When we last wrote on Ryanair in the summer of 2003, Michael O'Leary's low-cost airline had just passed the 2 million-passengers-a-month mark. Yesterday, it said that last month it took 2.12 million people to destinations across the UK and Europe. This year, it will have flown more than 27 million passengers. The no-frills market grows apace.
Ryanair is piling on new routes and extra flights, and last week it bought 70 new aircraft that will allow it to double its capacity by 2012. The deal was at what appeared to be a knock-down price - perhaps $25m a plane - from a Boeing desperate to stem its loss of market share. Mr O'Leary boasted he had "hammered" his rival easyJet, which paid a higher price for its most recent new planes and locked in a competitive disadvantage as a result. Ryanair may also make a quick turn through a sale and leaseback of the jets.
So Mr O'Leary feels cocky again, and investors are bullish, too. The small no-frills carriers which flooded into the market failed to make a substantial dent in Ryanair's earnings. Yet. The stronger of the recent entrants could start to generate some of the benefits of scale easyJet and Ryanair have previously had to themselves. Meanwhile, the cheap flights could get more competitive still if debt-burdened consumers cut back on holidays. At least easyJet has cushioned itself with some more upmarket offerings.
Ryanair's earnings growth is forecast at about 20 per cent a year for the next three years, and its shares trade on 15 times the first year's earnings. That perhaps looks reasonable value, but the earnings forecasts are risky. Ryanair already has a pretty poor reputation for service, not helped by Mr O'Leary's belligerent style, and it may not take much more bad publicity to send passengers elsewhere.
We were right to be negative in 2003. The shares have not fully recovered from last year's profit warning, but they have recovered more than enough. Sell.
Minerva's new strategy may pay off for investors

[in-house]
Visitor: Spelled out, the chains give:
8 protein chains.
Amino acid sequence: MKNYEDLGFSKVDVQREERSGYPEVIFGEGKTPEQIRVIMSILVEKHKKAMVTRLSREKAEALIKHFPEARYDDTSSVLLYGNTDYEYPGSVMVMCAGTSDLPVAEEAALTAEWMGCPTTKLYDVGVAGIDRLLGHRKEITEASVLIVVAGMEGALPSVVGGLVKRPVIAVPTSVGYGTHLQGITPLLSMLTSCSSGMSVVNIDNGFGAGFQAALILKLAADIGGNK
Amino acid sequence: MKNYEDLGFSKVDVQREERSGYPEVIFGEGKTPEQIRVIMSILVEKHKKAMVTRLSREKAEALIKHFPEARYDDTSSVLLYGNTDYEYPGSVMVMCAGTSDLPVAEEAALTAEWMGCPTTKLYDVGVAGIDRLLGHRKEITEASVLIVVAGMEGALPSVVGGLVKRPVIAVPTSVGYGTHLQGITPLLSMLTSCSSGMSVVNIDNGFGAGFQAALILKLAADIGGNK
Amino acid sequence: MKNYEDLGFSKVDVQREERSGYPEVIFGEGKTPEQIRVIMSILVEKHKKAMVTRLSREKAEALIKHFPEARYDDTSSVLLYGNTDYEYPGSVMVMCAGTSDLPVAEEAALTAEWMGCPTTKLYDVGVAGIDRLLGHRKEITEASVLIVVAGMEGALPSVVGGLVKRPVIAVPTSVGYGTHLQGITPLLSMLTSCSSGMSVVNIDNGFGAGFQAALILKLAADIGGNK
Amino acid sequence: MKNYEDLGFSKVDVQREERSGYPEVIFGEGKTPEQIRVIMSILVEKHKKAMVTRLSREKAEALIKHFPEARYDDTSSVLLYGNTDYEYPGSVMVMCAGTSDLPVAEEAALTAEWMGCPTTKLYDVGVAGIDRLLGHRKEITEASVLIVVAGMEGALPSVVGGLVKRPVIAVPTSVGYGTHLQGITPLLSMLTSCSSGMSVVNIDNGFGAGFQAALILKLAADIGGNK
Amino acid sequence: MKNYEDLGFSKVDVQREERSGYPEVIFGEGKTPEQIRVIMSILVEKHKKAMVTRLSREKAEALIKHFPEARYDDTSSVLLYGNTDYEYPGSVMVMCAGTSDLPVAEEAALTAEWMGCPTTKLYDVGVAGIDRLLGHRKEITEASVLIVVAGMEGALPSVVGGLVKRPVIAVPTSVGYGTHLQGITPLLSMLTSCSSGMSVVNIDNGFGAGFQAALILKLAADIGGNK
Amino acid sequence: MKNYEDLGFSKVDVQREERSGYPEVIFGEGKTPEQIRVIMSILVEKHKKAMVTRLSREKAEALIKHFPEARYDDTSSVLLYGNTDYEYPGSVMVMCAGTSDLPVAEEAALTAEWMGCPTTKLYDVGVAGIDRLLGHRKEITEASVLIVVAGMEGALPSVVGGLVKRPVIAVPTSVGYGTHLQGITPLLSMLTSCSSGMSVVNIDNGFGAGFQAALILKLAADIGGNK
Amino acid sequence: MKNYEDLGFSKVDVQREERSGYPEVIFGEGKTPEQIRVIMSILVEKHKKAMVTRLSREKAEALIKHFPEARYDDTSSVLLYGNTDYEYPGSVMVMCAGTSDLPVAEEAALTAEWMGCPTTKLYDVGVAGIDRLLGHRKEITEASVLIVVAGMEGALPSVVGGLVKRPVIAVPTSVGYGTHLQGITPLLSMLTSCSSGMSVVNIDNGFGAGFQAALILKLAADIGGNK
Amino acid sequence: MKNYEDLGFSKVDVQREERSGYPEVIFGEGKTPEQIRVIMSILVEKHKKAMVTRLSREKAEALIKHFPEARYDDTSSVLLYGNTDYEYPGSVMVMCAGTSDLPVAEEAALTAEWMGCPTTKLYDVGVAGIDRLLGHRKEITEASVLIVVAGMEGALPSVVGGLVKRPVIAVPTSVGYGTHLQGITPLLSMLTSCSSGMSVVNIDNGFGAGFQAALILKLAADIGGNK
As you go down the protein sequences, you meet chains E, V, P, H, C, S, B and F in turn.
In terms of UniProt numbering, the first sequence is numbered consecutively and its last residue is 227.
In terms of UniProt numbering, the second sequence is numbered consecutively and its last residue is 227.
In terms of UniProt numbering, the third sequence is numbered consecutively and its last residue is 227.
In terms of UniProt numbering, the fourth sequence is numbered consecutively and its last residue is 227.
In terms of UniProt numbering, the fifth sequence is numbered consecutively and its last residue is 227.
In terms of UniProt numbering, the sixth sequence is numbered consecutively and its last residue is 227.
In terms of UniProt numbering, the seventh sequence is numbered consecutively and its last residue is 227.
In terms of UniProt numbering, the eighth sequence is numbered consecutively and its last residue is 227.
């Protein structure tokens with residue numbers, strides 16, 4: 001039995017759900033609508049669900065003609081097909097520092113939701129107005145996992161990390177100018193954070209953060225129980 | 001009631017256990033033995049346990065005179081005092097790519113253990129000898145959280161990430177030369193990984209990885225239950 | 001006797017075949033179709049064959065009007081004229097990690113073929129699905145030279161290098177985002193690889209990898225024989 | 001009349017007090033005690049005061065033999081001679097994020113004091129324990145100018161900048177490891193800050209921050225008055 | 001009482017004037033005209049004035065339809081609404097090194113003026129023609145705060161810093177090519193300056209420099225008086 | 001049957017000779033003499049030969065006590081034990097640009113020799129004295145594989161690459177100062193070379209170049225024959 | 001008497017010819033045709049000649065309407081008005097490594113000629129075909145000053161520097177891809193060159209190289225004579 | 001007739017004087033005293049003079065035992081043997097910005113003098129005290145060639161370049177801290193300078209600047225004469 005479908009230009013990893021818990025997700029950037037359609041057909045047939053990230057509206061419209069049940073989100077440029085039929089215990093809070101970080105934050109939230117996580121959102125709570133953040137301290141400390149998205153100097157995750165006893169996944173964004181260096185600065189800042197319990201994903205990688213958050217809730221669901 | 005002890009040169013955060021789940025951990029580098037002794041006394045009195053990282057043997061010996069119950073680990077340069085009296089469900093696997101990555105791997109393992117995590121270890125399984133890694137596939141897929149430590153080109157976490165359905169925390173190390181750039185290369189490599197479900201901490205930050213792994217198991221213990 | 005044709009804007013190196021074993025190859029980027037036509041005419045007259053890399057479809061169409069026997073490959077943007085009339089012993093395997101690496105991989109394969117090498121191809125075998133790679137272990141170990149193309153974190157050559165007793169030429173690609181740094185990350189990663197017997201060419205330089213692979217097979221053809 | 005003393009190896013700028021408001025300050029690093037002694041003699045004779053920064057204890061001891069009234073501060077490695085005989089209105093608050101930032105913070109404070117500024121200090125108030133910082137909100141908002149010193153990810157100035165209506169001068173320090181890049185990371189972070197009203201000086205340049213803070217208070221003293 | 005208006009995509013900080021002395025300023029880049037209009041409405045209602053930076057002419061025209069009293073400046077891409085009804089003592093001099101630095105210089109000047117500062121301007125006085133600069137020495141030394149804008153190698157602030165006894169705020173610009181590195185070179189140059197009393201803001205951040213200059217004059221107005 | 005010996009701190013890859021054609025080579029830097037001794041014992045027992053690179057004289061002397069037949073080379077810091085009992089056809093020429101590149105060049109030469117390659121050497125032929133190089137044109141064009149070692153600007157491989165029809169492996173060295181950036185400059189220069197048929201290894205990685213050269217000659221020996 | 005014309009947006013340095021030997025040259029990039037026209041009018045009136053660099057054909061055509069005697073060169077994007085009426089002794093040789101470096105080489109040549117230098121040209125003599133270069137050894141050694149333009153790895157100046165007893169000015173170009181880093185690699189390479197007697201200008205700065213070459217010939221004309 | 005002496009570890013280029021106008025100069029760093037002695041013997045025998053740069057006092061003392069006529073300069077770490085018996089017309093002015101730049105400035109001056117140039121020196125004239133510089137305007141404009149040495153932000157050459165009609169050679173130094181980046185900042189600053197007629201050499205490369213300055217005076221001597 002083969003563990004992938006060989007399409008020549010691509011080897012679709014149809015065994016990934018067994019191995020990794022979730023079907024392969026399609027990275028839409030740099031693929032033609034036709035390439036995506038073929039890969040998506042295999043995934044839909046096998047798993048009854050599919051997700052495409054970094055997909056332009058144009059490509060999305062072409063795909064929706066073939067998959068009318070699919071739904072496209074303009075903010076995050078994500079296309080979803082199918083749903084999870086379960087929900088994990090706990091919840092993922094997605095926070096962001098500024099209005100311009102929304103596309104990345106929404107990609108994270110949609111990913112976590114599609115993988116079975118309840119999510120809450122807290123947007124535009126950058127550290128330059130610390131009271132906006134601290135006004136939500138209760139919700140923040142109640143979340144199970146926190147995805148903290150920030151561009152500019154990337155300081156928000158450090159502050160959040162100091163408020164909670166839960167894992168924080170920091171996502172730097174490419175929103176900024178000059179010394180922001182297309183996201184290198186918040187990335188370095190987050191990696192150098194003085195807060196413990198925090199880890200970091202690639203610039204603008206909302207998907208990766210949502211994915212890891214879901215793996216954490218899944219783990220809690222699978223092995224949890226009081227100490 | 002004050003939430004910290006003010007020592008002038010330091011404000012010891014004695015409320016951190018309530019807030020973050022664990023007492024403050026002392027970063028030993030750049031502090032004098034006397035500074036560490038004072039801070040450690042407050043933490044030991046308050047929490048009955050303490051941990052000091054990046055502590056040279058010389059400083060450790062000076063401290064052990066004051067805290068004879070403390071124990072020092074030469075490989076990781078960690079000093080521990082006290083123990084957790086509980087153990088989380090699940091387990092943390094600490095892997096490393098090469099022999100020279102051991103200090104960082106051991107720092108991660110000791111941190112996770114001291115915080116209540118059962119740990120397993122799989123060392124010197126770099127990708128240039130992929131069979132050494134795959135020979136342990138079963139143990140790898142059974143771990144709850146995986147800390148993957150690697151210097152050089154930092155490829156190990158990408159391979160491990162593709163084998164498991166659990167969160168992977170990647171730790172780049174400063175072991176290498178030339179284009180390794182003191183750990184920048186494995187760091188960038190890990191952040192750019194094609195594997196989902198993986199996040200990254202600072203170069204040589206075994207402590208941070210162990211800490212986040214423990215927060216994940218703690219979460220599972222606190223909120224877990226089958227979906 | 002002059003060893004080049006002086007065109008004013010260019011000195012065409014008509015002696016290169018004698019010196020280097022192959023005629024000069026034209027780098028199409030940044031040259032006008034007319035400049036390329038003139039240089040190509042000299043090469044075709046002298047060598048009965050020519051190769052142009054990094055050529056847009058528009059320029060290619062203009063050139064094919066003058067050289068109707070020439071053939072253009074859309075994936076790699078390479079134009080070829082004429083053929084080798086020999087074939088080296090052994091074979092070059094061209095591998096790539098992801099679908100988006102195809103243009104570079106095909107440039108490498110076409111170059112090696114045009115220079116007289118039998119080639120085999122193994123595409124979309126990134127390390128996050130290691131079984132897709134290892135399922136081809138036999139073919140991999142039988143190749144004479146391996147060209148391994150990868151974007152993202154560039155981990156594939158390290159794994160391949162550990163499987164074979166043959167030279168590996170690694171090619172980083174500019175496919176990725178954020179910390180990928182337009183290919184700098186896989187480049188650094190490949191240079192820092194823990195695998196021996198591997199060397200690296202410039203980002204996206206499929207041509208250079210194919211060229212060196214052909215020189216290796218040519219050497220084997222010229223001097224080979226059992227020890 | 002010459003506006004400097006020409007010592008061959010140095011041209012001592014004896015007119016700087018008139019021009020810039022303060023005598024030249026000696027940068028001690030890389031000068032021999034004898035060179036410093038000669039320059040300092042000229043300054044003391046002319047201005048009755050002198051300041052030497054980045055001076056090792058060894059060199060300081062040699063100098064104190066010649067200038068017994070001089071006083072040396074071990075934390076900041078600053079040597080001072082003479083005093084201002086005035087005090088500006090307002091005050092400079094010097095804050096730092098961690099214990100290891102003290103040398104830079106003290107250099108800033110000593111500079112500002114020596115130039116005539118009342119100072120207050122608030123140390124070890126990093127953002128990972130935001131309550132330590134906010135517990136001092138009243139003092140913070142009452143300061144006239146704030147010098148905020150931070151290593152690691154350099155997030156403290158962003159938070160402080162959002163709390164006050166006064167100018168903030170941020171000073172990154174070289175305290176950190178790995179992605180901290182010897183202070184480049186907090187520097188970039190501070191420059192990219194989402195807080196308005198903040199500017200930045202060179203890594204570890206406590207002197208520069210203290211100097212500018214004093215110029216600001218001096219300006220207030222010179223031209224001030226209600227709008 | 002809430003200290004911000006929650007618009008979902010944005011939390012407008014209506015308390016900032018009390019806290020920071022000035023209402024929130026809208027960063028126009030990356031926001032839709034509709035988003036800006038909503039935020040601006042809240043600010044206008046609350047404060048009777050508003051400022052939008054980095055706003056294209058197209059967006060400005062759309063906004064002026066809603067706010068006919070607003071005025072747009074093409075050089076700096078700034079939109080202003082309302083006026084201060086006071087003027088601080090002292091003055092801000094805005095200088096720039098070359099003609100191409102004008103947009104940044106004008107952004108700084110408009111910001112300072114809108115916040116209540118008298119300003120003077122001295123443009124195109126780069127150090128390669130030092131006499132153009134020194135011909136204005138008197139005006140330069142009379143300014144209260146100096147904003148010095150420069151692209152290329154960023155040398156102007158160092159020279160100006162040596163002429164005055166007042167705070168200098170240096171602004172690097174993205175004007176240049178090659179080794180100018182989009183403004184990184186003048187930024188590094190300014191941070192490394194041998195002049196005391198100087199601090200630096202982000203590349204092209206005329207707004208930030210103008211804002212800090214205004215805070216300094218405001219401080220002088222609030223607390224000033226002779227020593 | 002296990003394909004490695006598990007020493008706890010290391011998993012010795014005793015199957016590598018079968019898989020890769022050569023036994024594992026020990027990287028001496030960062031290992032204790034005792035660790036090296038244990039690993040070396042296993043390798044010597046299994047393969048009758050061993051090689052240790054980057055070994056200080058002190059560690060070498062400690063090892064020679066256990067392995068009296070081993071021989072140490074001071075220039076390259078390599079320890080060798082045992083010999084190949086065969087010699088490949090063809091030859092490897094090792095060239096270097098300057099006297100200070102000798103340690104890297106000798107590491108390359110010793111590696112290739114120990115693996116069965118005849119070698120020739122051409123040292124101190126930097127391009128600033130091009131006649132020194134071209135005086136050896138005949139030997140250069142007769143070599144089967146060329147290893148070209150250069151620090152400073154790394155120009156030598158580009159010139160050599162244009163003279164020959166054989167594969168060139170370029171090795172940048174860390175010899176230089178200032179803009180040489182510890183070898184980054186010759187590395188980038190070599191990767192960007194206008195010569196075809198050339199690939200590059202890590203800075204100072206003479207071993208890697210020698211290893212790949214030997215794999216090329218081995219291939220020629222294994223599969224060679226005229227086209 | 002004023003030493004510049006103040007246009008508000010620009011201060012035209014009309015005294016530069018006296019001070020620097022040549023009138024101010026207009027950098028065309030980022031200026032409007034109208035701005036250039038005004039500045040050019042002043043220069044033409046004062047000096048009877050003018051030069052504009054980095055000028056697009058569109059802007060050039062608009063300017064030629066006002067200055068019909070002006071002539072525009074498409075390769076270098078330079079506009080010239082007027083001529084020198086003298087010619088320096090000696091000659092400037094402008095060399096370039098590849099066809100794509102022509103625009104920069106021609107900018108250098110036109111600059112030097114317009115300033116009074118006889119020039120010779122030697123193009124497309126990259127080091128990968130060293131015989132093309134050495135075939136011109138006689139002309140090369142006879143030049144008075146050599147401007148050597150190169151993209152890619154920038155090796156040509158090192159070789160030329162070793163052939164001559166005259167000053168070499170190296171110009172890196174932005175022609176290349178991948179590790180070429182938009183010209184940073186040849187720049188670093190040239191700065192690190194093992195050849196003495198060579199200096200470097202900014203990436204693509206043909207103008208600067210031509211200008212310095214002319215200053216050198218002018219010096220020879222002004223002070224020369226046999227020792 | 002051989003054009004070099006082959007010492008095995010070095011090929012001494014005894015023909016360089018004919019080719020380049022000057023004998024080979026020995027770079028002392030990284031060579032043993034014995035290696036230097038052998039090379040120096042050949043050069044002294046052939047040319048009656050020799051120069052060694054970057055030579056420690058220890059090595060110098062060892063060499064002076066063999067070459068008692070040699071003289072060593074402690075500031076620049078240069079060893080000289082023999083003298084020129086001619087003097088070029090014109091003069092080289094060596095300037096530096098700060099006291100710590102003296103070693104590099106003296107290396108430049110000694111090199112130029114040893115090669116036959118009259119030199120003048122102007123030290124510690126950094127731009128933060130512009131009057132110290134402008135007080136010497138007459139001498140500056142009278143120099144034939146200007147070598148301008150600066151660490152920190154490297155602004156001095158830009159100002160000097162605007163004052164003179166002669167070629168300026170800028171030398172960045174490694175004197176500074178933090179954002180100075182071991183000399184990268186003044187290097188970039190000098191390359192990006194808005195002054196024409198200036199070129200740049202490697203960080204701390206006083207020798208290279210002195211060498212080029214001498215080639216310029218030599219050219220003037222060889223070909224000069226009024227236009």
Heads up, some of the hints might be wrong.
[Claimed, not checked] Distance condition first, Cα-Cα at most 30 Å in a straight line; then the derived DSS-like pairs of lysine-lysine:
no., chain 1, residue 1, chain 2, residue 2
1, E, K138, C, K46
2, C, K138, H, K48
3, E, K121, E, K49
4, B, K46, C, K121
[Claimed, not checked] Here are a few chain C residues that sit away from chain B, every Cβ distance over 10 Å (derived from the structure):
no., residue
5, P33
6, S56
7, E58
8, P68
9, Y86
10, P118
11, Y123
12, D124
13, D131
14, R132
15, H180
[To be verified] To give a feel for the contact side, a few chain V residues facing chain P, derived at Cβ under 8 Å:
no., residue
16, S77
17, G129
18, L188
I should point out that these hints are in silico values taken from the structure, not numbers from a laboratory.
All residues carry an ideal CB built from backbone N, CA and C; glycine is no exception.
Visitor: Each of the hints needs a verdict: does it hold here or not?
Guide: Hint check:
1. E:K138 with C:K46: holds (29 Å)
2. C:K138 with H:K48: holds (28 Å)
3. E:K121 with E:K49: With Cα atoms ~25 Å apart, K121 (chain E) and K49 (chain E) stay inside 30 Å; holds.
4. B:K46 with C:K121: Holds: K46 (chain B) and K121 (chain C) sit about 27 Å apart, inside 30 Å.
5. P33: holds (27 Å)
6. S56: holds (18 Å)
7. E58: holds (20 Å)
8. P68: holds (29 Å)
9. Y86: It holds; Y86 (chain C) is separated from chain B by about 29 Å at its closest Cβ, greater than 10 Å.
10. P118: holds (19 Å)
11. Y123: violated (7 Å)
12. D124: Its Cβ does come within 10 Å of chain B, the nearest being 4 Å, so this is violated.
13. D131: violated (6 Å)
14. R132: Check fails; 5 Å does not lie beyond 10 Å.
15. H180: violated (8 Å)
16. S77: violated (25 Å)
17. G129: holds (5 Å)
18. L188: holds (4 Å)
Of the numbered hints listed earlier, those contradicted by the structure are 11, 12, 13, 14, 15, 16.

As well as knocking £21m from profits, the collapse of Allders has diverted attention from the rest of Minerva's business, much to management's irritation.
The property company recently walked away from bid talks after failing to get a good price for its collection of London properties, which include a large part of Piccadilly Circus and grand designs for London's tallest tower and an expanded Croydon shopping complex.
Minerva needs to find tenants and perhaps financial backers for its ambitious plans before they will proceed. But there is more hope in a new chief executive, charged with selling off some assets and creating joint ventures and standalone property funds. That is the direction in which value creation lies and the speculative investor might find it lucrative to back the new strategy.
With a net asset value of 350p per share, compared with yesterday's close of 275.5p, there is scope to improve the share price if corporate governance and transparency improves.
Time to trim your losses at clothes retailer Asos
It is impossible at the moment to marry Asos's statement of six weeks ago that the internet retailer expected a "strong finish" to the year following its "most successful" sale ever, with yesterday's profits warning.
There is no suggestion that the company, which sells copycat celebrity clothing to wanna-be Kate Mosses, deliberately misled the market. Worse, its internal systems appear to be in chaos. Nick Robertson, chief executive, said the company had struggled to cope with sales which are growing at about 140 per cent a year.
Asos's supply chain was spread across four warehouses, a cobbled together solution to its fast growth that proved to be inadequate and badly managed. Stock that should have sold at full price before Christmas was left in the warehouse, forcing the company to heavily discount its Christmas party dresses "across January and February", according to yesterday's statement.
On 21 January, Asos was confident it would deliver £1.55m of pre-tax profit, in line with its broker's forecasts. Yesterday it slashed that guidance by up to 33 per cent. The stock, the best performer on the whole stock market last year, was off 7p to 58p yesterday.
Had the company been able to be more open about its warehouse problems in January, small retail investors would surely not have been nursing such big losses yesterday. Until Mr Robertson has figured out how to run the bigger business he has created, sell.